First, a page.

Obese and overweight individuals are often criticized for laziness or a lack of willpower to exercise, Taubes argues, and encouraged to maintain an "energy balance" that focuses on calorie intake and calorie output. But that focus on energy balance, he says, is "nonsense."
The problem, Taubes explains, is that a calorie burned while jogging is equal to a calorie burned while sleeping. But a calorie ingested from a food high in fiber and other beneficial substances is absorbed by the body in different ways from the calories in processed food and sugary sodas.
The film also looks at how sugar consumption has increased in the past 30 years, partly due to a growing market of diet and low-calorie foods that boast a lower caloric content while maintaining — or even increasing — the amount of sugar or sugar-like substances.
"Sugar is poison," Robert Lustig, a pediatric endocrinologist at the University of California, is quoted as saying in the film.
Efforts to regulate the food industry are frequently met with pushback from lobbying groups and criticisms of nanny state governance, the film argues. But in one scene, pediatrician Harvey Kapp suggests that if the rise in obesity, diabetes, heart disease and other dietary illnesses were the result of meddling from a foreign nation, lawmakers would leap to counter the attack.
"We’d probably go to war," Kapp says. "We would defend our families, so why do we accept this from our country?"
Following up on the comparison to cigarettes, the film argues that the solutions lie in the lessons learned from the government's protracted battle with Big Tobacco. "Fed Up" rhetorically asks what effect there could be if warning labels were required on soda bottles, if fast food were banned from schools, and if media advertising were required to balance a commercial for candy bars with a plug for brocoli.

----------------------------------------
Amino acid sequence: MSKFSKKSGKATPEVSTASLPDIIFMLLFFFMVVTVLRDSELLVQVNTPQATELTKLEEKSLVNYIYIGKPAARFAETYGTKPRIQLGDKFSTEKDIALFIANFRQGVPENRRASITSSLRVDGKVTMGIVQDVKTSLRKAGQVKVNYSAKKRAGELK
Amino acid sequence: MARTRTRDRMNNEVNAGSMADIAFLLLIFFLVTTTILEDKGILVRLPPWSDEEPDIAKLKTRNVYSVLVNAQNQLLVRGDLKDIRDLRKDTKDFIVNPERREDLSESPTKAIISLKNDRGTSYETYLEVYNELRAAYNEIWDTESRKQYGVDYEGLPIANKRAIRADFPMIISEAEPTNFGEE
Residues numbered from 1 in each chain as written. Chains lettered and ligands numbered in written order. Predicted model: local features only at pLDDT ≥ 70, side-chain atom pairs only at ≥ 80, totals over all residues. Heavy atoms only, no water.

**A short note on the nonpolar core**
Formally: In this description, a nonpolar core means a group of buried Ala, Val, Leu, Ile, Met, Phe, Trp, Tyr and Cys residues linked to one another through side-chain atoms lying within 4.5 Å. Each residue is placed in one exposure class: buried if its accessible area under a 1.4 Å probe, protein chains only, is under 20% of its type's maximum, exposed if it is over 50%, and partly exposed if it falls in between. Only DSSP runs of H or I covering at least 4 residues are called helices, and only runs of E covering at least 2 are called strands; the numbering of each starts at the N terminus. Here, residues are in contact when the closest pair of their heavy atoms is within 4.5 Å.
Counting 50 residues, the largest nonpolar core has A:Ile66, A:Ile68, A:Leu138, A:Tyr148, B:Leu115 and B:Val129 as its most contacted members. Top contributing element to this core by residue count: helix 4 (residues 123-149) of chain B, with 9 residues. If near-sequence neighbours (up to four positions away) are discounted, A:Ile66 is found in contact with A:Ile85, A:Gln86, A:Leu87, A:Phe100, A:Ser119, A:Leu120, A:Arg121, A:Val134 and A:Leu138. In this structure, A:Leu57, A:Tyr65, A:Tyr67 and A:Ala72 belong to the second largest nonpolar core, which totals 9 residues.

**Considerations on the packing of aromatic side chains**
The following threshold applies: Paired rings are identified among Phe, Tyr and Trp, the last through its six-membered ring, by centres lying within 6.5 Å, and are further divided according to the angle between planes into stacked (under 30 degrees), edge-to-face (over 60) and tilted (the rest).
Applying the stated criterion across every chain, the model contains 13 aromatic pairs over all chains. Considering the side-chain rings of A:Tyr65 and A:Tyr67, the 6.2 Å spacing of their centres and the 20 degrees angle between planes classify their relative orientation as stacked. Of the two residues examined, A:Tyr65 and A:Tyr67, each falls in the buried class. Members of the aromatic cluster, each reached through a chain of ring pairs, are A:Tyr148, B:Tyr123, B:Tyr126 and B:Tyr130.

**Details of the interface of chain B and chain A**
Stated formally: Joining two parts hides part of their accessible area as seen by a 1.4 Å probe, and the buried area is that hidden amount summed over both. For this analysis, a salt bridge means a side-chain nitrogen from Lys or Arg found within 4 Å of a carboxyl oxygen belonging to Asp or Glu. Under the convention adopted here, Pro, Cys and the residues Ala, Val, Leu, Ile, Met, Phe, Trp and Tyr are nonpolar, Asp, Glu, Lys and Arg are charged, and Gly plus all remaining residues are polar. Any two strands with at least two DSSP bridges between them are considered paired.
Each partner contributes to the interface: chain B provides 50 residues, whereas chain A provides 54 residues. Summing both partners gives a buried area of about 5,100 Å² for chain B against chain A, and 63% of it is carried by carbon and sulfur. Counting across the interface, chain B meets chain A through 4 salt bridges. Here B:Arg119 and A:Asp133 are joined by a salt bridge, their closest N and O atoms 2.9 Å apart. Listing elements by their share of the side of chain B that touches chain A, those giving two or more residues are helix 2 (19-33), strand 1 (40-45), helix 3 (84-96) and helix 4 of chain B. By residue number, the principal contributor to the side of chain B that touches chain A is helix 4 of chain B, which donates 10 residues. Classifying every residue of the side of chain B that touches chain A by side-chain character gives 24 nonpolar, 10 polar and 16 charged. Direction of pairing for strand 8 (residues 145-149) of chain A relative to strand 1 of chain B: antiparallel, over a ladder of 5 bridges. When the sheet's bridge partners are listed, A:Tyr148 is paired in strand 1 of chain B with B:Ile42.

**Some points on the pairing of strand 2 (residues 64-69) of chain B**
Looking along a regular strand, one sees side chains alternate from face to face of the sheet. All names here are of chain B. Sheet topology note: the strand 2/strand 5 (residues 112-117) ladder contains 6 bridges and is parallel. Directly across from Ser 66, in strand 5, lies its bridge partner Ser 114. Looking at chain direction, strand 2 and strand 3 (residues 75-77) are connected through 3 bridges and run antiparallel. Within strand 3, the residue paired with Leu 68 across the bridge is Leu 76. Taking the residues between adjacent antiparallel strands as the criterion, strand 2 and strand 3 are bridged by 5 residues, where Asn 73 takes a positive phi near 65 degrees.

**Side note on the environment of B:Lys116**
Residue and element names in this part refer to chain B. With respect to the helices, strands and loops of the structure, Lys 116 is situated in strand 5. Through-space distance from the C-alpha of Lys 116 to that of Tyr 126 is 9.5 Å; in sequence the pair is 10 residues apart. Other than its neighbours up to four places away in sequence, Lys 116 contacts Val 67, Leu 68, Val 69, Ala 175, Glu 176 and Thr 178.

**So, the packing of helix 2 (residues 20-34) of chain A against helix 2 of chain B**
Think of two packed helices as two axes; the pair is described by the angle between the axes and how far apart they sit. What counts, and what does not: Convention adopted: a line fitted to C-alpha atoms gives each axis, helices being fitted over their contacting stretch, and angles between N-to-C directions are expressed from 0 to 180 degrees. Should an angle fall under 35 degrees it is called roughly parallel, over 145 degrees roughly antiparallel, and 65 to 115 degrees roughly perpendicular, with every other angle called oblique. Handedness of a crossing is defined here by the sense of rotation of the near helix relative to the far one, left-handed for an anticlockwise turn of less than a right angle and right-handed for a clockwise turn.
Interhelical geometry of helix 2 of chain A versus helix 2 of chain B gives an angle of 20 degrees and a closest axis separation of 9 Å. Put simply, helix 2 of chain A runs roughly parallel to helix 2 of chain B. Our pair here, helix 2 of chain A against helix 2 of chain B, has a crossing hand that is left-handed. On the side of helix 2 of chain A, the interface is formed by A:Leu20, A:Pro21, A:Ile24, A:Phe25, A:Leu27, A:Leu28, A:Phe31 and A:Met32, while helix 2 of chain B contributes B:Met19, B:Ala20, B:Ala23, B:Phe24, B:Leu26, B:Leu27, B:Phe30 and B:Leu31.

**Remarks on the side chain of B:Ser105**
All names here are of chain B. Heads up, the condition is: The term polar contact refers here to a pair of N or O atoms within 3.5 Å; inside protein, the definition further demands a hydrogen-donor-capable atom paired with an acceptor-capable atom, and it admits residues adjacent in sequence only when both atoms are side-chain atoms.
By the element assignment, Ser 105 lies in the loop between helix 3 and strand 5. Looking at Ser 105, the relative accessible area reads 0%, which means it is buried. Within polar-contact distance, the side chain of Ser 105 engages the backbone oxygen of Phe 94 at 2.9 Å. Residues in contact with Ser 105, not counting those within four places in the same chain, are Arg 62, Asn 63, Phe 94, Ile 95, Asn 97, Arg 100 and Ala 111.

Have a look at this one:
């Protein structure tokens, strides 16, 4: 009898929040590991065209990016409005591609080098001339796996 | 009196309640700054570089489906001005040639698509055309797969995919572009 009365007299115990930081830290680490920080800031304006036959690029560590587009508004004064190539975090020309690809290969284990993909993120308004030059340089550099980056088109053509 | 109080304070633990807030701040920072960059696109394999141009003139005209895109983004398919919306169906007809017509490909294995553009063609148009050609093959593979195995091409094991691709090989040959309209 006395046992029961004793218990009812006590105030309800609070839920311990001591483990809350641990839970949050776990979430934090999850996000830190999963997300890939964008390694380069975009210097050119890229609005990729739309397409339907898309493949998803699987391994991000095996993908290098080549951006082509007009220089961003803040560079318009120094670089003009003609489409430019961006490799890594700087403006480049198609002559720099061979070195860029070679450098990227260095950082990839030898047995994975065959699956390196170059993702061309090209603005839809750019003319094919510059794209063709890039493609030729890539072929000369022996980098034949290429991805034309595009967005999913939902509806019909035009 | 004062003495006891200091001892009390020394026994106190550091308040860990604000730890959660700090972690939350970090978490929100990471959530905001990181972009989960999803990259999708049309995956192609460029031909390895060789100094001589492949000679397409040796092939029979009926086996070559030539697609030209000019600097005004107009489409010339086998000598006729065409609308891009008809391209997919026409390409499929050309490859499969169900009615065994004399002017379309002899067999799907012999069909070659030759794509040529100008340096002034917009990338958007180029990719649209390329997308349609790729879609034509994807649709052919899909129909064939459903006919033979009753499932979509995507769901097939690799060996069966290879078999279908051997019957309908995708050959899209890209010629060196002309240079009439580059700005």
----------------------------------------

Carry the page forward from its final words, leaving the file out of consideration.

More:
"We've got to change the diet of America," former President Bill Clinton says in the film. "We've got to change the way we produce and consume food."
Kim Yutani, a programmer for Sundance, described the film as a "must-include" and said there was essentially a unanimous agreement on its selection. She said the film's power is its potential to change a viewer's behavior and added that it prompted her to alter her eating habits.
"It was one of the most powerful documentaries we saw all season," Yutani said. "I think anybody who watches it will have a hard time not being affected by it."
Cody said "Fed Up" was a natural fit for the student screening program, which also includes documentaries on the Vietnam War and Internet addiction, as well as a narrative feature from Spain.
"It's just nice to show students there are options out there other than the big Hollywood blockbuster, that there are different ways of telling stories," she said.
Fielding a question on why the government has been slow to react to the obesity crisis, Lazarte told the Ecker Hill students that their voice as the youths of the United States has even more power than the experts quoted in the film.
"If you guys start speaking up and tell your schools, your teachers, your principal that ‘we don’t want it,’ that’s the first step," he said. "Now that you’re armed with the information you have from the film, there’s so much more you can do with that."
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